If you can get to Toronto for a couple of days at the end of November, you have a unique opportunity to learn visual facilitation from the best. We’ve invited Andrea Rawanschad, of the bikablo academie , in Cologne, Germany, to return to Canada and run a second two-day workshop. The first Canadian session, earlier this fall, sold out quickly and was a hit with participants. For those who couldn’t attend the first session – or didn’t know about it – we’ll be gathering in downtown Toronto on November 27 and 28. With a maximum of 12 people in the class, there are just a few spots left, so don’t delay. To learn more and register for this unique experience, follow this link

If you have questions – contact me.
Eventbrite - Visual facilitation workshop with bikablo®

The Things We Do For Love – Like Work Too Much

Airplane Oxygen 11848773_sYesterday, at Agile Coach Camp Canada, I had the privilege of leading a group conversation about taking care of yourself as a coach.

The Big Idea is like the instruction flight attendants give us, “If you are travelling with a child or someone who requires assistance, secure your mask first, and then assist the other person.” As coaches – or as anyone – we don’t have much to give others if we don’t take care of ourselves.

The coaches who gathered for the session agreed that people attracted to the work of helping others often put our own needs behind those of our teams and our organizations. That habit can result in fatigue, stress, and burnout. It impacts relationships both at work and at home.

Here’s the list we built in the conversation:

What can we do to take care of ourselves?
Notice when you’re feeling depleted.
Show yourself some compassion.
Give yourself some space.
– Close the door
– Go for a walk – preferably outside, in a pleasant place
– Physical activity – “I bike to work.”
– Announce it, in a light way. “I let the team know I may be a bit of a Grumpus today.”
Do something you enjoy and are good at
– “I do some real, individual coaching. That lets me see I’m making a difference. It’s almost like a gift to myself.”
Use your network
– “I call another coach and I know I’m not in this alone.”
– “I get coached myself. It’s time I have to focus on me.”
Make your work and success visible
– Personal kanban
– Read your fan mail
– List your successes
– Find a win, however small
Spend some time in reflection
– Journalling
– Mindfulness practice
Let people know what’s fun for you
Manage expectations
– yours and others
– “Accept that our work is messy and it’s a journey.”
Say “no” to more work
– “If you can’t say “No” then your “Yes” can turn into a “Maybe” ”
– “I’d rather disappoint you now, with a “No,” than disappoint you later by being unreliable.”
Gratitude
– Think of things you’re grateful for
– Practise thanking – and accepting thanks
– Appreciate it when others thank you – and show it
– Savour the kudos
Know your purpose and only do what’s aligned with that
Spend some time just doing nothing
– “The brain needs to rest just like any muscle.”
Hugs
– More hugs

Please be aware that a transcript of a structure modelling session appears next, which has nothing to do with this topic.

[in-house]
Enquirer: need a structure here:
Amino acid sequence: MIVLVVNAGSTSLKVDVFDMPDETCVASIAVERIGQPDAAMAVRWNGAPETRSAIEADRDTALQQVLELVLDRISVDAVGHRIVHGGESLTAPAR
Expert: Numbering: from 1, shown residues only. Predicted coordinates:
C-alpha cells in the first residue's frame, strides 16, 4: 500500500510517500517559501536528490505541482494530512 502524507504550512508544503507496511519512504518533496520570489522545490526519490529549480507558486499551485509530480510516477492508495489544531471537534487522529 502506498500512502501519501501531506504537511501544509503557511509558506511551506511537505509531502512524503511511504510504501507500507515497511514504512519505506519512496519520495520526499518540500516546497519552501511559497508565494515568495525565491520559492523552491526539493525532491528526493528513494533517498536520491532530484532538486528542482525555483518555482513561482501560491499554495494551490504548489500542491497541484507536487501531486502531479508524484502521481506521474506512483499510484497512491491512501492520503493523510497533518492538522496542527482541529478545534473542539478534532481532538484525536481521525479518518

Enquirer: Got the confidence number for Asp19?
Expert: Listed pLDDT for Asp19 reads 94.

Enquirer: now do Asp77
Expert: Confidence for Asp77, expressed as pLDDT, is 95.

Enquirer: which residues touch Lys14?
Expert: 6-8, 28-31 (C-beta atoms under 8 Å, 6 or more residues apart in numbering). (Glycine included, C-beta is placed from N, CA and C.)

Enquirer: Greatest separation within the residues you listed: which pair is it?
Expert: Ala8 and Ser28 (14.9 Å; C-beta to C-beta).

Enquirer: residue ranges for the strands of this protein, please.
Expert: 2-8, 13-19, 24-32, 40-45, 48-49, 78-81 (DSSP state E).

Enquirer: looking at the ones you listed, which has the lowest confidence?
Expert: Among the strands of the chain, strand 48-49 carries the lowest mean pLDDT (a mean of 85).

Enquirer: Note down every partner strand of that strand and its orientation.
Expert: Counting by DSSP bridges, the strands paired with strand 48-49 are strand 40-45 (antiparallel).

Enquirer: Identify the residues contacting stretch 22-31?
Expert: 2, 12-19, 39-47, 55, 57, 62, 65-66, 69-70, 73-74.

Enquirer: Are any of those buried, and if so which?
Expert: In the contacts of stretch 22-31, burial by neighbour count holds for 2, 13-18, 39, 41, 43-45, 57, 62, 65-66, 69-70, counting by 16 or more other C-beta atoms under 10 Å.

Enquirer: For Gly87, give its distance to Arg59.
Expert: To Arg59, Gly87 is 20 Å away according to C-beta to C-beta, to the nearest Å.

One in our group, Gitte Klitgaard, was on her way to a tech conference in New York where her talk was “Stress and Depression – The Taboo and What We Can Do About It.” A link to an earlier version of that talk is at vimeo.com/106927863

Our conversation reminded us that we need to recognize we’re human and show ourselves the empathy and compassion we show our teams and coaching clients.

Note: If you are an agile coach and have never been to an Agile Coach Camp, plan on attending one when you can. They are impossible to describe and they are amazing. There’s one, this weekend, in Calgary, Alberta and one coming up in Washington, DC, August 1st.

And peace to men of goodwill

Goodwill 123When I first studied accounting I was astonished that “goodwill” is something you can quantify and express with a financial value. I’d always thought of it as kind thoughts towards my fellow humans. Those are valuable, for sure, but not exactly something you can put a dollar sign on.

Along come generally accepted accounting principles (GAAP) to tell us that goodwill isn’t just about benevolent feelings towards others. It’s also the amount one company pays to buy another that’s over and above the tangible value of the assets being acquired. How could a company be worth more than its tangible assets? A strong brand, customer relationships, intellectual property and existing contracts might qualify as goodwill. It sits on the balance sheet as an intangible asset.

It’s interesting to ponder the value of goodwill during this season of “Gloria. Peace on Earth to men of goodwill.”

Goodwill, the kind thoughts variety, makes us worth much more than our tangible assets. It connects us to others, something we need to keep us human. There’s ample evidence of a link between the mind and the body that suggests positive thoughts and acts of generosity lead to more than just good feelings – they promote physical health. The explanation is that reciprocal benevolence kept our ancestors alive back in the days of “kill or be killed.” So we’re wired to be kind to each other.

You might argue that we don’t have to look far to find people whose learning or circumstances and choices override that basic human inclination towards goodwill. We see the impact of extremism and zealotry on the nightly news.